along for the ride

My two daughters’ baby books sit side-by-side on the shelf.  Each is filled out with meticulous details of their birth stories, their growth, the dates of their milestones, even photographs for each month of the first year of their respective lives.  Beside those pretty little books bulging with newborn booties and hair clippings and pre-kindergarten art is a big manilla envelope.

And that’s my third child’s baby book.  Or baby envelope.

On the outside of it, I’ve scribbled (when I’ve remembered) the dates of things like rolling over and crawling, and his height and weight for (almost) all of the required appointments through his ninth month.  (I don’t have the twelve-month statistics yet, though I should, since he’s now fourteen months.)  Inside the envelope (I just looked), there are hospital bracelets, cards we recieved just after his arrival, and a sign that says, “Welcome to Earth!” from his older sister.

He’s only had store-brand diapers and wipes and formula.  I stopped buying baby shampoo as soon as he was old enough to sit in a bathtub with his sisters.  He sleeps most soundly when a noise machine blares rolling ocean waves.  And sometimes it’s not until we’re in the checkout line at the grocery store that I realize his lunch is still stuck to his face and tangled in his hair.

Every time we’ve taken him to the pediatrician for a “sick visit,” he’s actually had something substantial.  (Not like the time I sat in the exam room with my middle child and my husband, who, when the doctor said, “She’s got a cold,” replied in my direction, “I could’ve told you that.”)

And he eats a lot of Cheetos.  Probably an unacceptable amount of Cheetos.

At this point, you might think that he has missed out, somehow.  That he hasn’t been pampered enough, that he hasn’t had the same care or individual attention as the others because he’s just “along for the ride,” as one good friend (and mother of three) put it.  But I would argue that he’s probably had the best babyhood of my children.  And that he’s been the happiest baby, by far.

It makes me wonder:  does this have something to do with me, as his mother?  As insane as you think it might be at times (and it is — at any given moment, there are diapers, discarded headbands, and a leaking sippy cup inside my purse), a strange sense of calmness has come over me since I became the mother of three.  I’m not a “young mother” anymore.  I’ll be 35 this year (gasp!).  And yet it’s now, six years after I had my first child and one year after I had my last, that I’m starting to feel some kind of confidence, that I’m starting to maybe understand this motherhood thing.

I remember the first time I felt it; it was October, a warm Friday night, and we were going to a party for my husband’s office.  I was meeting him there because he was going straight from work. I think it was the first time that I had to get all three of them fed and ready and out the door (after work) and across town for a party that would go late into the night (and way past bedtime).  But I remember standing there in the humid evening, rocking the baby and watching as my girls ran around the yard, escaping mosquitoes and dancing their tiny butts off.  And I thought, “Hey, I can do this.  I am doing this.”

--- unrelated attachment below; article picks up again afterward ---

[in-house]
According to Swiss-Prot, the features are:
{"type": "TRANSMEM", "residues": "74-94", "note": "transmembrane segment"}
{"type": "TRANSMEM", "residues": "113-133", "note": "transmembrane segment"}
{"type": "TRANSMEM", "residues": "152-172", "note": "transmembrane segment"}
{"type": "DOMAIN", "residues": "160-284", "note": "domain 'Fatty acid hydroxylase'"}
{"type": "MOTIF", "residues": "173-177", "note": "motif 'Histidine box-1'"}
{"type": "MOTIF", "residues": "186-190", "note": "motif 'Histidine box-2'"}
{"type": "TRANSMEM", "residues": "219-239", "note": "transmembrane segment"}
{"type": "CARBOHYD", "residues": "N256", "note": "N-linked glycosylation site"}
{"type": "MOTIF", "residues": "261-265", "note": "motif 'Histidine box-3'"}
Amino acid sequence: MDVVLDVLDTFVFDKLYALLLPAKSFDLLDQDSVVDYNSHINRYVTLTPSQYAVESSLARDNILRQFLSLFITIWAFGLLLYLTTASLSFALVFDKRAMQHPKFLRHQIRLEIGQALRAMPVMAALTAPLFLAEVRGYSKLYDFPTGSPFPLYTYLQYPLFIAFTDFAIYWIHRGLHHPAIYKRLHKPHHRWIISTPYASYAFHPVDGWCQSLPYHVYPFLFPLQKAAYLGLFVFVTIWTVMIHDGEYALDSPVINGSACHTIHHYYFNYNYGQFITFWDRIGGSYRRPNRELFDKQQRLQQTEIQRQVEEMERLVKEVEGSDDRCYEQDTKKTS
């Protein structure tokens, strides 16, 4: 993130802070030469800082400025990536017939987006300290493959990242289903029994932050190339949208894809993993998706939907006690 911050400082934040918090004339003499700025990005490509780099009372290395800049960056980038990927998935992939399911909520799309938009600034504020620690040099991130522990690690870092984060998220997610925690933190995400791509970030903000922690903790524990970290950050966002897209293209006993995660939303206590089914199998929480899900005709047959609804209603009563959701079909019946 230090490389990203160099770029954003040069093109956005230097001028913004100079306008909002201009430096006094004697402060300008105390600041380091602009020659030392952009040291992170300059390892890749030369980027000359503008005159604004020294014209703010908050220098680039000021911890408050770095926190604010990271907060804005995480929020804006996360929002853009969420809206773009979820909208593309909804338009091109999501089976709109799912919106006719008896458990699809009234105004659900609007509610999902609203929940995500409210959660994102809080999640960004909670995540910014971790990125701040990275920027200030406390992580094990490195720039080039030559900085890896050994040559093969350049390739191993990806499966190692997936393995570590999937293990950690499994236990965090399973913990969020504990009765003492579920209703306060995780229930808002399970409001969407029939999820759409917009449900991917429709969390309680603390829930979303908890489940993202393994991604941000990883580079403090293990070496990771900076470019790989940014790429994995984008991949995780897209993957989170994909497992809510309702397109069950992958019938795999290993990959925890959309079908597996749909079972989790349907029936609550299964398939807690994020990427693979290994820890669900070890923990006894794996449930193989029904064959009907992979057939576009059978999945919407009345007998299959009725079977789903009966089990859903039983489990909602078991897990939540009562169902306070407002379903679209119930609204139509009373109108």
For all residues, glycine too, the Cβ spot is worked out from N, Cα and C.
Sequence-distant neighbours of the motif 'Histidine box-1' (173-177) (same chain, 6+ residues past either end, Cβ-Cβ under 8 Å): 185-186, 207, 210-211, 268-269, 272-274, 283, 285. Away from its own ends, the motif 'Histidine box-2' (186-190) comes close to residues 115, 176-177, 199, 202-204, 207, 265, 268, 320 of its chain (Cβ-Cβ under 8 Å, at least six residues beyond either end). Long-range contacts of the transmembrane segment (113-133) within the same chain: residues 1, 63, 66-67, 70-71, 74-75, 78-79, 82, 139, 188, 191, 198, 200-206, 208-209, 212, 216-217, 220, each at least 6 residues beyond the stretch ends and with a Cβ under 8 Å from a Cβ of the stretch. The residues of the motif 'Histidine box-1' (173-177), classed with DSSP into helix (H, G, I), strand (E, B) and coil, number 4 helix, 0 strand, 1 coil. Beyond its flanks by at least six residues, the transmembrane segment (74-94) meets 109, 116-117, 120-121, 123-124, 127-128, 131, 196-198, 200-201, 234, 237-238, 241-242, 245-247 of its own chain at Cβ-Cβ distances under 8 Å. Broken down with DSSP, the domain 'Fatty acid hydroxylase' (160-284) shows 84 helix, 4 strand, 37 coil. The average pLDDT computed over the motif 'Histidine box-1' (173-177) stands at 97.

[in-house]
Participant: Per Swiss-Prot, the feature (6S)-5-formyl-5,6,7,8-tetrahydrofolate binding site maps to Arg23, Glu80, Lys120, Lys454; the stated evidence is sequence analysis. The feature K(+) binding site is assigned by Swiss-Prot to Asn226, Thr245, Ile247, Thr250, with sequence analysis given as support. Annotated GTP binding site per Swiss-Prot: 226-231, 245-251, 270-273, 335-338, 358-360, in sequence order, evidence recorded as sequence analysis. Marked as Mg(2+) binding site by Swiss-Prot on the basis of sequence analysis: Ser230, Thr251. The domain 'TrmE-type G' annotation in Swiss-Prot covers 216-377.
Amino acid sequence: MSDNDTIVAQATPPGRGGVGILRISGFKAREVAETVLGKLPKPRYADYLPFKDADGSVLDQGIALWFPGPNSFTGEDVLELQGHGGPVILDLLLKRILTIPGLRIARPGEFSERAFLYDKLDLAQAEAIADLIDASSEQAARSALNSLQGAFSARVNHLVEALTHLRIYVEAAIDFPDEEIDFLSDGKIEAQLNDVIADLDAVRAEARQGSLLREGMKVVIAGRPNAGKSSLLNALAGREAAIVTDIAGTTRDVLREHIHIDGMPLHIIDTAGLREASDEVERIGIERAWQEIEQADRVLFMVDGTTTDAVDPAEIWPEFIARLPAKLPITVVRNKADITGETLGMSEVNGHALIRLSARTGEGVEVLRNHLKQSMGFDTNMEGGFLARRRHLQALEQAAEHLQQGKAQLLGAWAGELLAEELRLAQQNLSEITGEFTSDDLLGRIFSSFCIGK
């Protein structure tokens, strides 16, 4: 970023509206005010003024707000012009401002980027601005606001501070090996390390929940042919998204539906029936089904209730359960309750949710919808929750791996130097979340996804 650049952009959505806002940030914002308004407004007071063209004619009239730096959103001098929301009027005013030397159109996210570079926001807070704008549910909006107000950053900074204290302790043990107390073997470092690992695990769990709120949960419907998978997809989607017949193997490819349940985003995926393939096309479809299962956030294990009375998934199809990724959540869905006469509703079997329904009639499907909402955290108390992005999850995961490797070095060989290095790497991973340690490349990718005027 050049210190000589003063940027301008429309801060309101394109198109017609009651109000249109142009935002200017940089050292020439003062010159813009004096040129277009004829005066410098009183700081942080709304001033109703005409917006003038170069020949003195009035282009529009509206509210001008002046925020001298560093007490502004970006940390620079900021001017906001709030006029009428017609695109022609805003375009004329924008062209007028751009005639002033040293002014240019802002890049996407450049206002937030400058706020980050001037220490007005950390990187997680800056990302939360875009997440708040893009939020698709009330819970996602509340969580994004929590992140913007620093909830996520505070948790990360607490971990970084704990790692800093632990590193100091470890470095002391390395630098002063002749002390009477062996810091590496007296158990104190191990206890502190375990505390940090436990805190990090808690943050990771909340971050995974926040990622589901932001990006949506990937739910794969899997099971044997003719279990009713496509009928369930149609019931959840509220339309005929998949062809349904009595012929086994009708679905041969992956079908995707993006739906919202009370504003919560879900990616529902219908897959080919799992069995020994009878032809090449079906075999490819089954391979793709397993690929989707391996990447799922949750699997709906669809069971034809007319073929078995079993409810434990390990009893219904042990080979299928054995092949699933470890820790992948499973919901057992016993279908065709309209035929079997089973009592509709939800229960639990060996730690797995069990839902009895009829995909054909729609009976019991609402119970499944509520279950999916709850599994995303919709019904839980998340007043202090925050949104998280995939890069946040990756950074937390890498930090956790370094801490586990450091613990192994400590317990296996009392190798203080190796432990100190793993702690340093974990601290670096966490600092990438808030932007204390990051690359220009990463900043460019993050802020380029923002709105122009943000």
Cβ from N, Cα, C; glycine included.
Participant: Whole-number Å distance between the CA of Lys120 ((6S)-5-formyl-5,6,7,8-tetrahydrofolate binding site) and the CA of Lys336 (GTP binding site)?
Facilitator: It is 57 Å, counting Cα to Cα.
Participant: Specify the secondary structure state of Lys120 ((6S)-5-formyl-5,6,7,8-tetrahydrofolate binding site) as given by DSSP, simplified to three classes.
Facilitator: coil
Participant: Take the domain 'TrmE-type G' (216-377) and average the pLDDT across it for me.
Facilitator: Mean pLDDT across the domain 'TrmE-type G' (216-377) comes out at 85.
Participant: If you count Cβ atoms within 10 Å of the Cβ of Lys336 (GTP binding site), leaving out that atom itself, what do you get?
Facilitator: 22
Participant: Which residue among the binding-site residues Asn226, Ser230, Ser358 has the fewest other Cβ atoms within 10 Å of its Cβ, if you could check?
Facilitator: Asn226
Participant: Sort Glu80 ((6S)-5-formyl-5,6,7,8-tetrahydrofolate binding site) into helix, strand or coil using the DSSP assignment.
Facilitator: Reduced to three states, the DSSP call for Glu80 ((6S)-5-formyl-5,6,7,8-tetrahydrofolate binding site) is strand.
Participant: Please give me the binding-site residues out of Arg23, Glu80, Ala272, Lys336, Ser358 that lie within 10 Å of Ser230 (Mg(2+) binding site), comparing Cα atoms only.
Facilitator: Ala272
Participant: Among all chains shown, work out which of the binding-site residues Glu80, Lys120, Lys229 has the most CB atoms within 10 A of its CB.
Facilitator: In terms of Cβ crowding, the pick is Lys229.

Maybe it’s that confidence that has allowed me to enjoy my third child so much.  I’m not a new mom; I’m not filled with anxiety.  And so, if he wakes up at night, I give him a bottle without worrying that I’ll go to the pediatrician when he’s four years old and won’t be able to check the “my child is completely off the bottle” box.  (Besides, if we attempt to “cry it out,” well, by then we’ve woken up at least three more people.) And I do something completely out of character for me:  I plan my summer days around his naptime.  I never did that with the other two and often rolled my eyes at people who did.  But now there are three of them, and, well, if I am guaranteed that one will stop moving and be quiet for just a little while. . . Listen, I’ve learned to pick my battles.

He’s along for the ride, yes.  But so am I.

So, really, while some people might say he has missed out, I say he gets the better mother, one who now worries so much less that she can actually relish him as a baby (and babies just don’t seem to last as long as they used to).  And so even though everyone wants him to be walking by now (including me, sometimes — he is thirty pounds, after all), I’m kind of okay with the fact that he’s not.  I’m kind of okay with him being a baby.  With him taking his time.

I sometimes wish I could go back and give my first-time-mom self the gift of my third-time-mom self.  But I guess, maybe, I wouldn’t be here if I hadn’t been there.

And I probably wouldn’t have listened to me, anyway. 

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2 thoughts on “along for the ride

  1. It’s amazing what you learn with each child. I only have two but I was so much more relaxed. I call my firstborn my “guinea pig.” And it’s true even now. He’s 9.

    • I couldn’t agree more. I’m glad my first-born naturally has that “first-born” personality. It’s probably a good thing that she seems to rely more on herself than on me.

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